Tony Romo is and will be the Dallas Cowboys‘ starting quarterback until he retires. Period. End of Story. And that’s the way it should be unless Peyton Manning demands a trade to Dallas.
However, Romo isn’t getting any younger and the Cowboys haven’t had much success in project quarterbacks to eventually replace No. 9. That could (and should) change with one swift front office move.
The Washington Redskins have a great problem with two quality starting quarterbacks on their roster in rookies Robert Griffin III and Kirk Cousins, taken in the first and fourth rounds of the 2012 NFL Draft, respectively. Needless to say, Washington got an absolute steal in Cousins, who should have been drafted long before pick No. 102.
But that’s how it goes: NFL teams overlook the quality starters for the all-hype guys, which is why Griffin was taken with the second overall pick even though Cousins will likely have a more successful pro career, granted he ends up as the starter on a decent team before too long.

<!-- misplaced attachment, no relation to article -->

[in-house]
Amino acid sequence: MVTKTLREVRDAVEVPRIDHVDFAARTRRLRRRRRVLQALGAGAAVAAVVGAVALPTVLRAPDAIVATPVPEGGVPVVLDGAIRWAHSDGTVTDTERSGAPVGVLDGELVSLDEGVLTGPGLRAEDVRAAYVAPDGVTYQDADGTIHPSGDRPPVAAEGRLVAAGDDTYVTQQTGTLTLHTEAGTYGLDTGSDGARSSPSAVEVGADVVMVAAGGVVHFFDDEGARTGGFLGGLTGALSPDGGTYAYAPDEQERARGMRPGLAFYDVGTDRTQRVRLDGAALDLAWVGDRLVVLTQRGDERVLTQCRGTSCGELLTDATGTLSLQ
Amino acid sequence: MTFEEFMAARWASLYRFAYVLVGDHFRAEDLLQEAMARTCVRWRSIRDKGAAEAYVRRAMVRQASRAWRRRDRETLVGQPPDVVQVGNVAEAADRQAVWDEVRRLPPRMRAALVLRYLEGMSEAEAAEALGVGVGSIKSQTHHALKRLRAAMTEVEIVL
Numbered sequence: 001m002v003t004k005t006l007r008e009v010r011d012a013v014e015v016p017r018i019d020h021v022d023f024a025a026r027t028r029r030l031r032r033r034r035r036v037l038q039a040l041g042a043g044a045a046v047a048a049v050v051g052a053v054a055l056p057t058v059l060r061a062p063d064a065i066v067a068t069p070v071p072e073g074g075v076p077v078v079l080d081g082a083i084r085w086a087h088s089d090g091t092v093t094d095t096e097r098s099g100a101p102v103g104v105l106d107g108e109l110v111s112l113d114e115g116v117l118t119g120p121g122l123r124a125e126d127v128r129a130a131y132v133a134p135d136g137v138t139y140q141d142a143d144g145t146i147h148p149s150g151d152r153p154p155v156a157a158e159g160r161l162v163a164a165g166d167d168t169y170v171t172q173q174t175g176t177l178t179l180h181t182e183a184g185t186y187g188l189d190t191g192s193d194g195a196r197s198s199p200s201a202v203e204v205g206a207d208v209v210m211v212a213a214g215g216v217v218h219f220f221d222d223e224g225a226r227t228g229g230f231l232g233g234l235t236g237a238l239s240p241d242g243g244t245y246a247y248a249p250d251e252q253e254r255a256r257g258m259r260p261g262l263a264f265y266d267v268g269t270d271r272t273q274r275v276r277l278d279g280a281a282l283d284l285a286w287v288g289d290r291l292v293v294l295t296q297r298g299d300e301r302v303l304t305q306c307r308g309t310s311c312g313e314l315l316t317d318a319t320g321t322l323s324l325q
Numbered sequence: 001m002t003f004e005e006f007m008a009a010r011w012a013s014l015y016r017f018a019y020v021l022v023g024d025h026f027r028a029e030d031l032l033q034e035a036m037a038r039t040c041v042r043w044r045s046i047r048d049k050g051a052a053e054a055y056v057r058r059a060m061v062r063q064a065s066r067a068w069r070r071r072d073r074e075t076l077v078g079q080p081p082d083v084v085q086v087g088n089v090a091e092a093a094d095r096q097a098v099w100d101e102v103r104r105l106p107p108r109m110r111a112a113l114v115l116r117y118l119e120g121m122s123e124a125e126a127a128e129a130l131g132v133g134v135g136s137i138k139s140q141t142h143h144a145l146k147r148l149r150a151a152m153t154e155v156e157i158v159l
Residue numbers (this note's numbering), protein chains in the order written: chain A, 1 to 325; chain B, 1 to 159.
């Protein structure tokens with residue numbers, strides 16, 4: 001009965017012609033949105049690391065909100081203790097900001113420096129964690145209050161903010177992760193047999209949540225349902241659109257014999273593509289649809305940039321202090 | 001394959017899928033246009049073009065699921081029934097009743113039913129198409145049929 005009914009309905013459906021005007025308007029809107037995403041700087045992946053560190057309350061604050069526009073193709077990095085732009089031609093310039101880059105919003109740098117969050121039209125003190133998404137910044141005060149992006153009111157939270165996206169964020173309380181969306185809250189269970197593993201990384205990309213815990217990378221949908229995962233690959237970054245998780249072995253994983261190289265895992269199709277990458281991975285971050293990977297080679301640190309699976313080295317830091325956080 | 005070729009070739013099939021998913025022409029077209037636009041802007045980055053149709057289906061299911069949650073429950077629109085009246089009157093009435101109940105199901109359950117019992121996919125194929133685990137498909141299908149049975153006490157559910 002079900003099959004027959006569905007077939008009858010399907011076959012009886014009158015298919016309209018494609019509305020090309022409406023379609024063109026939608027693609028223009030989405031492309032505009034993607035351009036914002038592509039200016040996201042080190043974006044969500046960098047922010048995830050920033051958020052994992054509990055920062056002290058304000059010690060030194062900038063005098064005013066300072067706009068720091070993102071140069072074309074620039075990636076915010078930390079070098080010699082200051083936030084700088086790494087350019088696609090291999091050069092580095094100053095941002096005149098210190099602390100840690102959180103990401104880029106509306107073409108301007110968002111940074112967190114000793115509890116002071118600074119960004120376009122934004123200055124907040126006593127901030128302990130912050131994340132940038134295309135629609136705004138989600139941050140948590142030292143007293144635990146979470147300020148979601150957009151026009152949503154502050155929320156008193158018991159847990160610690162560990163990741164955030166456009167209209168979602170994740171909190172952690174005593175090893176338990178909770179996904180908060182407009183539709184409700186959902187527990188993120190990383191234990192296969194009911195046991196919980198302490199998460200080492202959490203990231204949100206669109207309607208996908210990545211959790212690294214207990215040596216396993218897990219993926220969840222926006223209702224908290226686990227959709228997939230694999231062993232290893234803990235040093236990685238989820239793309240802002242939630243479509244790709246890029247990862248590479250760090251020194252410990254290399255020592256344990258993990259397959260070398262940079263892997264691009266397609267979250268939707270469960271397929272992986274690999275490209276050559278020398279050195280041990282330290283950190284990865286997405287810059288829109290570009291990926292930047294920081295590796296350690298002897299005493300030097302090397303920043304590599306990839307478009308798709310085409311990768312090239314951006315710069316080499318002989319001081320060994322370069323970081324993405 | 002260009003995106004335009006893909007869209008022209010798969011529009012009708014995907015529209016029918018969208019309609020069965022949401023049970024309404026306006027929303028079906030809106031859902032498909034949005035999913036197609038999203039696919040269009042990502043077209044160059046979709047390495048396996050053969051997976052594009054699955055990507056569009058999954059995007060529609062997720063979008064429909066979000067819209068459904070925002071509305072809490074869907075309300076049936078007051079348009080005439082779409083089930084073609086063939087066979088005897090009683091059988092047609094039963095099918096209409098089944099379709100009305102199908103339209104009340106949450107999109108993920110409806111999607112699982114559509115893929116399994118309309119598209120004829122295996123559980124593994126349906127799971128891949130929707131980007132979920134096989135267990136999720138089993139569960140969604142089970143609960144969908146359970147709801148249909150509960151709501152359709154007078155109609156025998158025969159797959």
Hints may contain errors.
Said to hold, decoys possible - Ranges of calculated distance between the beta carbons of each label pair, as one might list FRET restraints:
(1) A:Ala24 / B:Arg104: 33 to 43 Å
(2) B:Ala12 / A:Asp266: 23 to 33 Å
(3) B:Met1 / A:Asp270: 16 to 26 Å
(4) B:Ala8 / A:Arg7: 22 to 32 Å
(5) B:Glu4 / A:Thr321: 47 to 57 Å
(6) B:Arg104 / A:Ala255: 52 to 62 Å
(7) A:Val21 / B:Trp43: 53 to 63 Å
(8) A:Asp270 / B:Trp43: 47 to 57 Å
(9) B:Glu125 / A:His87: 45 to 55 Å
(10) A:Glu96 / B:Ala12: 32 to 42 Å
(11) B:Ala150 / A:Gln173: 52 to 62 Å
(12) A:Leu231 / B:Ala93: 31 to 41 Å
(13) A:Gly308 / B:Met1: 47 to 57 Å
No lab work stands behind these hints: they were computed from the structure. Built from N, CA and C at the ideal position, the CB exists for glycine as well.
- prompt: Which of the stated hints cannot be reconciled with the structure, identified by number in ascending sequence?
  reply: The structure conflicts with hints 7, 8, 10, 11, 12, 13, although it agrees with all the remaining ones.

That team should be the Cowboys. Trading for Cousins now wouldn’t cost nearly what it will in a year or two, and he could begin his grooming to become Romo’s eventual successor. You can bet the farm half the teams in the league will be after Cousins by the midway point of the 2013 season, if not before then. The trade deadline for the 2012 season has passed, but making a deal for Cousins should be Dallas’ top priority in March.
If Jerry Jones hadn’t moronically given Kyle Orton a $10.5 million contract, it might be pretty easy to swap him and a draft pick for Cousins, which would be a bargain for Dallas. However, Orton is owed $1.35 million in 2013 and then a whopping $3.25 million in 2014, so even someone with as little football knowledge as Dan Snyder probably won’t make that deal.
Regardless, Jones should go to relatively drastic measures to bring Cousins to Dallas. If not, whomever Cousins teams up with will undoubtedly beat the Cowboys in their first meeting because that’s the luck of America’s Team. Romo can’t play forever, and Lord knows the Cowboys can’t groom their own quarterbacks (see McGee, Stephen). Bring Cousins to Dallas, Jerry.